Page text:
Intelligently Implementing Apps to your Shopify store to Boost Store Sales

Looking over modern sites like Kogan, Myer or most modern clothing brands, all have a few things in common the way their stores function, respond to user input and mostly, represent a FOMO (fear of missing out) feature.

FOMO apps (for Shopify, Woocommerce, Squarespace etc) and plugins, can all have a positive affect on smaller sales on stores, due to inducing the fear of people missing out on great items, purely as they see their getting sold.

A great example within Australia of this, is Kogan.

 I literally logged into the site, for writing this blog post... and I was greeted by the FOMO pop up in the left hand corner.
I literally logged into the site, for writing this blog post… and I was greeted by the FOMO pop up in the left hand corner.

Hangout on the site enough, and you’ll see the ‘Someone in Ballarat purchased a [INSERT PRODUCT HERE]’ banner on the bottom, which depending on the customer and what their looking for, can make them answer their curiosity and click on the product.
Once they’re on the product page, it comes down to a need or a want situation and then depending on the customer, they may just grab it ‘because I need this”, on top of the product they came there to look for.

This works great for stores that sell Primary products that can pair well with accessories or complementing products. Like fashion stores, tech stores or health and beauty shops. Correctly implemented, this idea can increase some sales of your products.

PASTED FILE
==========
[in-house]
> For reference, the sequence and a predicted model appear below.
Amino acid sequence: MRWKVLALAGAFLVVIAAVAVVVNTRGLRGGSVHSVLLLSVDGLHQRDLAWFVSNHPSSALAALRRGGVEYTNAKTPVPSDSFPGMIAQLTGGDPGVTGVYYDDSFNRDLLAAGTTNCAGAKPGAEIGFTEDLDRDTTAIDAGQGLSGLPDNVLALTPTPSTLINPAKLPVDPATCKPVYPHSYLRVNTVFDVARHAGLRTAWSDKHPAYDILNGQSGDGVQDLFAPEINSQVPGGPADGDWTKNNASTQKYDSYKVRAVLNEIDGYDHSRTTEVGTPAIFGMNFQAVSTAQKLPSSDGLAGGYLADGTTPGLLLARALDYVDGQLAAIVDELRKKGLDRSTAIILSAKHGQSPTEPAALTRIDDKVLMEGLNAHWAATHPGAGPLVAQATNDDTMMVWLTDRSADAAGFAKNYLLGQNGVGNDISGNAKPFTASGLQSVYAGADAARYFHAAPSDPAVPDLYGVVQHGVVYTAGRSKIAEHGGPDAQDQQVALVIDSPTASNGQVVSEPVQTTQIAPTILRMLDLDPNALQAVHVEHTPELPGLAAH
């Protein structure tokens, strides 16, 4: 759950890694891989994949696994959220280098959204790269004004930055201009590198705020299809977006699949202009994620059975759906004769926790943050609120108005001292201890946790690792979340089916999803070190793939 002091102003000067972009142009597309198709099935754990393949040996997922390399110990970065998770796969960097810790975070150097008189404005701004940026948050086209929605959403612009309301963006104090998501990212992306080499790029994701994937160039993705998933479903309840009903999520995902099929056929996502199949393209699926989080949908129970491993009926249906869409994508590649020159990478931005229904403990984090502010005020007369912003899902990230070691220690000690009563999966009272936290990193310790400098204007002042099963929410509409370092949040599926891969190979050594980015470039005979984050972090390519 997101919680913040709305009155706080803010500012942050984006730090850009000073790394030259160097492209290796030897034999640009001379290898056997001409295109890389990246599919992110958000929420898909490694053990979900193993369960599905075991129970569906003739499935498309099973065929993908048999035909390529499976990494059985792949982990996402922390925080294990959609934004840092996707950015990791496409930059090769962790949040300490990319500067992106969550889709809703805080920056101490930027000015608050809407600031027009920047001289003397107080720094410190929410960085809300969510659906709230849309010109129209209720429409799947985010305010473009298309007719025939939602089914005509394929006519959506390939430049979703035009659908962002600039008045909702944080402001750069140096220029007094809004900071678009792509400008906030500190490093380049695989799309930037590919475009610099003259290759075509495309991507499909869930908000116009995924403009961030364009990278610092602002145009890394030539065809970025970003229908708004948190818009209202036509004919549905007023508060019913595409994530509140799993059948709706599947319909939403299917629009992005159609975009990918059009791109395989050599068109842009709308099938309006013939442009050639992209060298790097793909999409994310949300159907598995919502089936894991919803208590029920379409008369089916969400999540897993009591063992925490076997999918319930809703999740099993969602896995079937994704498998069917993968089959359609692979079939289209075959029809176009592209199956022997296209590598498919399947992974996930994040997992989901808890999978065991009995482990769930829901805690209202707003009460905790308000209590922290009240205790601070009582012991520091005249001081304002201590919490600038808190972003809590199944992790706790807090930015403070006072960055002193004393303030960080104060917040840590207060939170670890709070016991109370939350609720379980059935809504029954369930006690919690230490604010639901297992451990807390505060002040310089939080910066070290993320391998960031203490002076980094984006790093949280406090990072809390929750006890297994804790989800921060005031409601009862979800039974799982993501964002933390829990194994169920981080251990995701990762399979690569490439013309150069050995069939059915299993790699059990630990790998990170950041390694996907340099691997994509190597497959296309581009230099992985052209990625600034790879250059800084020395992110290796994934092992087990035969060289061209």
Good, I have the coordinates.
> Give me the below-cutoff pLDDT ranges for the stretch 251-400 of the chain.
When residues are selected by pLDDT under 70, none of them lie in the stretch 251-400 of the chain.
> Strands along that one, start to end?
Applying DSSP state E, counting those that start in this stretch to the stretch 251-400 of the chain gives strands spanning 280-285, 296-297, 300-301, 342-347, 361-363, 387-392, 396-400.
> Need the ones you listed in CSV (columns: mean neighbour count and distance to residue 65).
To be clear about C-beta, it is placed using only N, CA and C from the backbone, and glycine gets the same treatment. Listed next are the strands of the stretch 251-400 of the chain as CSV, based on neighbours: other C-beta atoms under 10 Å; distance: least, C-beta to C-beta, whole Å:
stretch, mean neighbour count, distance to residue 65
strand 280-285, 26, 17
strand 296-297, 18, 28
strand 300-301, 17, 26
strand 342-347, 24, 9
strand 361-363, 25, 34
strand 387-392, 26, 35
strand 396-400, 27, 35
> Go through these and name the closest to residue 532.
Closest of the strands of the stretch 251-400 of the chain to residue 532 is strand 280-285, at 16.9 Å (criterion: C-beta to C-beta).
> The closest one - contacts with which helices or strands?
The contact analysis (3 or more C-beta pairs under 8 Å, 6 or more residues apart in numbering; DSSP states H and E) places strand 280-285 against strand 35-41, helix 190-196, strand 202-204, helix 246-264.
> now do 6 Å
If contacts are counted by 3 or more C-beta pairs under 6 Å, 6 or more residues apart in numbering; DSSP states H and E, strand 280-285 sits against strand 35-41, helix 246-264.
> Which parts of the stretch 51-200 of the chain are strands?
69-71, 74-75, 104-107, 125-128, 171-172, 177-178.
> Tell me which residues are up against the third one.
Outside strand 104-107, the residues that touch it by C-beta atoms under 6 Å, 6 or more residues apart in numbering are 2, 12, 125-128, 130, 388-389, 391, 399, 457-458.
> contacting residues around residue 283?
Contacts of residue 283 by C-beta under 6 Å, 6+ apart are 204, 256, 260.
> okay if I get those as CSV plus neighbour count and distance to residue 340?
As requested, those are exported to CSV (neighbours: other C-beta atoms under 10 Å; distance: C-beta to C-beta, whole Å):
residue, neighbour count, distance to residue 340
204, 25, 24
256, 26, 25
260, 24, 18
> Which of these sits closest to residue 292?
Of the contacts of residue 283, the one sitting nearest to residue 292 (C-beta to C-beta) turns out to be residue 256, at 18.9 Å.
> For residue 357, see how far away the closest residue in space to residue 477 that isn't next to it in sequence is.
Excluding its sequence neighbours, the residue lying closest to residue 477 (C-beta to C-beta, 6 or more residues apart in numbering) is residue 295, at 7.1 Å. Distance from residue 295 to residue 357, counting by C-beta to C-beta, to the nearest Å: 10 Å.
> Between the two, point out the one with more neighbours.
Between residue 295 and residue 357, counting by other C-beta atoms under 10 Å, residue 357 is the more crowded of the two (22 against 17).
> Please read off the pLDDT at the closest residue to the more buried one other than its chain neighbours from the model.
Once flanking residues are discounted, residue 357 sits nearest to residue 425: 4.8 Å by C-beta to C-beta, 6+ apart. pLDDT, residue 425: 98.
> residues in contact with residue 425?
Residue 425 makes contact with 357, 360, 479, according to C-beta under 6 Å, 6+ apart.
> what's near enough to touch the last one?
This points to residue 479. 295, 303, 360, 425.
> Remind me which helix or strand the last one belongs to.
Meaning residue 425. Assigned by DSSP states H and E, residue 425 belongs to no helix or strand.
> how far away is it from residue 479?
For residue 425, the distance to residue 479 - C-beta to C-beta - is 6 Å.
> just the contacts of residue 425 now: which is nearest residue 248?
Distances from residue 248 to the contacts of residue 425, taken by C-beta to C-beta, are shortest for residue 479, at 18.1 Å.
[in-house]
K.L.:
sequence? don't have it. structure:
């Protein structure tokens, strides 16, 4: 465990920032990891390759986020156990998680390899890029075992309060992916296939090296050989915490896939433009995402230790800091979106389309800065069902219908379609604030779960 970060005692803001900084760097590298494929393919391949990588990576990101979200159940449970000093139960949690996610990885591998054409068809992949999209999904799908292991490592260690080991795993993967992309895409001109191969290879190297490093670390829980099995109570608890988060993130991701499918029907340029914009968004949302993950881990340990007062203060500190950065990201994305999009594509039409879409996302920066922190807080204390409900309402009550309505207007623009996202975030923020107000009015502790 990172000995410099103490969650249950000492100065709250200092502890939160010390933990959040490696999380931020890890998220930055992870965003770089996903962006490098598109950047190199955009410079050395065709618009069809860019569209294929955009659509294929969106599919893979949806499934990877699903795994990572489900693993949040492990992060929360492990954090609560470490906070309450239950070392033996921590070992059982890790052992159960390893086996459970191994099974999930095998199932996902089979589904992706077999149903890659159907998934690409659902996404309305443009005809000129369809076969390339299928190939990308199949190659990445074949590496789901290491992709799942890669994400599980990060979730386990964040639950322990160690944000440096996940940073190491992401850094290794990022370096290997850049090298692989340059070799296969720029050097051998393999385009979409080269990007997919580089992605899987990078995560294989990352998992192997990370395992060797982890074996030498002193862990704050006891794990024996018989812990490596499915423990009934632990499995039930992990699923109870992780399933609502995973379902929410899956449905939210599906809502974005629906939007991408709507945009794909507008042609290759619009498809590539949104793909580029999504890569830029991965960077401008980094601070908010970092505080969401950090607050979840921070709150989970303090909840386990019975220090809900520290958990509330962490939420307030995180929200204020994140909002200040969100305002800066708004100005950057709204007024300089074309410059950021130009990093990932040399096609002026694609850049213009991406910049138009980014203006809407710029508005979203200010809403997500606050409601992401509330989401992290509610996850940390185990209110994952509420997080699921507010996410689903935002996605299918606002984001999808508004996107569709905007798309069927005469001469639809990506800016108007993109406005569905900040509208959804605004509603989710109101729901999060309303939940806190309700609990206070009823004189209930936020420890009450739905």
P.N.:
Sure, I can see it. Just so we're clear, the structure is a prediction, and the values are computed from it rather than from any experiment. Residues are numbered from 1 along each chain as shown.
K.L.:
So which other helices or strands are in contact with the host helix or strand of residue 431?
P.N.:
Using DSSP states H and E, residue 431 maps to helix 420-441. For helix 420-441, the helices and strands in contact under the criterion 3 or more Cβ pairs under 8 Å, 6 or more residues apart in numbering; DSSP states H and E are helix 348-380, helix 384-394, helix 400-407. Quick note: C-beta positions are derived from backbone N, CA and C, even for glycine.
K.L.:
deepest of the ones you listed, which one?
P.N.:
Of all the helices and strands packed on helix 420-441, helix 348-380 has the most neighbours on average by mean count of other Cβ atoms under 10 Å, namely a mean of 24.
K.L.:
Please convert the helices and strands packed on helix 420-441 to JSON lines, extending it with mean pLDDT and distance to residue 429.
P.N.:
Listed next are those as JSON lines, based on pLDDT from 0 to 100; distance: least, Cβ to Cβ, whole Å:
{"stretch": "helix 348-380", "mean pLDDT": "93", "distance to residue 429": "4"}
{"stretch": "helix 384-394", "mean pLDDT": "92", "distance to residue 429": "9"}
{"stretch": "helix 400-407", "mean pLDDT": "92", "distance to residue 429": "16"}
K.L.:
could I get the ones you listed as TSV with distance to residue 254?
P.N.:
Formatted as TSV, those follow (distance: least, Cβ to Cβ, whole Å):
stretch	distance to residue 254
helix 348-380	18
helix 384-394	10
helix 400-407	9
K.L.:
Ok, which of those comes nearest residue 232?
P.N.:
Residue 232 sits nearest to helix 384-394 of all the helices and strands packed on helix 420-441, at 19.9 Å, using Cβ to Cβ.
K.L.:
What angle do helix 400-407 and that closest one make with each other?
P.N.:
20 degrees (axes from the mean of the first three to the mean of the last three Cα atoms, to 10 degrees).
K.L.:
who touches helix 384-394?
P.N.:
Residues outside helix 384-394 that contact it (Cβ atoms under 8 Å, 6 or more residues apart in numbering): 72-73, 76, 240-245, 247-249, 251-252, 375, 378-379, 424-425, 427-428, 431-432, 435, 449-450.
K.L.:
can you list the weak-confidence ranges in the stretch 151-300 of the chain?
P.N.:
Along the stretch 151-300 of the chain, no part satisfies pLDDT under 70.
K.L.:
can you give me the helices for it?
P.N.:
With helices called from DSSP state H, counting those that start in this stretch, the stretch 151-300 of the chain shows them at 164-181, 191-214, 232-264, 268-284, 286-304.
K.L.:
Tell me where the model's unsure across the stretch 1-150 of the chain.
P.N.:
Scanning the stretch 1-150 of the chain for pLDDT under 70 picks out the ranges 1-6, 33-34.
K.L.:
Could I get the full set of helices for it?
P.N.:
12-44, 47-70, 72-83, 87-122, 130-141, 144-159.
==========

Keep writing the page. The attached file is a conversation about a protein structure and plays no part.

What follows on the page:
Used incorrectly, then this add on can be more of a pain and an eyesore, with the app firing off 5000 times a minute, and can impact the reputation of your site. As a merchant (or communicating this to your developers) is a definite must when you don’t want to bombard people with ‘extra stuff’ on your site. This can impact UI, or block other crucial elements or even products depending on your layout. 

I navigated around Kogan’s site more, and then found the message AGAIN after the first page I went to. Looking at Samsung Phones.
The pop up lasted 10 seconds. Is 10 seconds too long?? Or Too Short? You need to experiment and see if this FOMO pop up works for yourself to be able to really experience the power of these little apps or JavaScript elements. 



The key here? Experiment. See what works for your specifically. However, if you aren’t seeing the immediate returns, don’t throw away the towel straight away. TRY DIFFERNT TIMES. Or maybe change how often the pop up shows up and where? I personally, don’t like it on every single damn page I go to.
And some FOMO apps can also exaggerate the purchases as well (Steve may have brought that Galaxy S9, but it could have been days ago JUST because I deciced to go to the Samsung page to see what was there). Truth is also key… How convenient I get a pop up as soon as I navigate to the Samsung page for a Samsung product that EXACT moment…. 

 Other apps, can also suggest things on your checkout experience, or the actual product purchasing experience and be implemented right on the page.

So Good luck, experiment with the experience, and hopefully FOMO apps can benefit your store and enhance your buyer’s experiences.  

Sam Toohey Written by:

Sam is a self taught Developer, focusing on Web Technologies and E-Commerce. He is also an avid writer, blogger and gamer. You can commonly see Sam toying around with web technologies or working on his Podcast, Markup.

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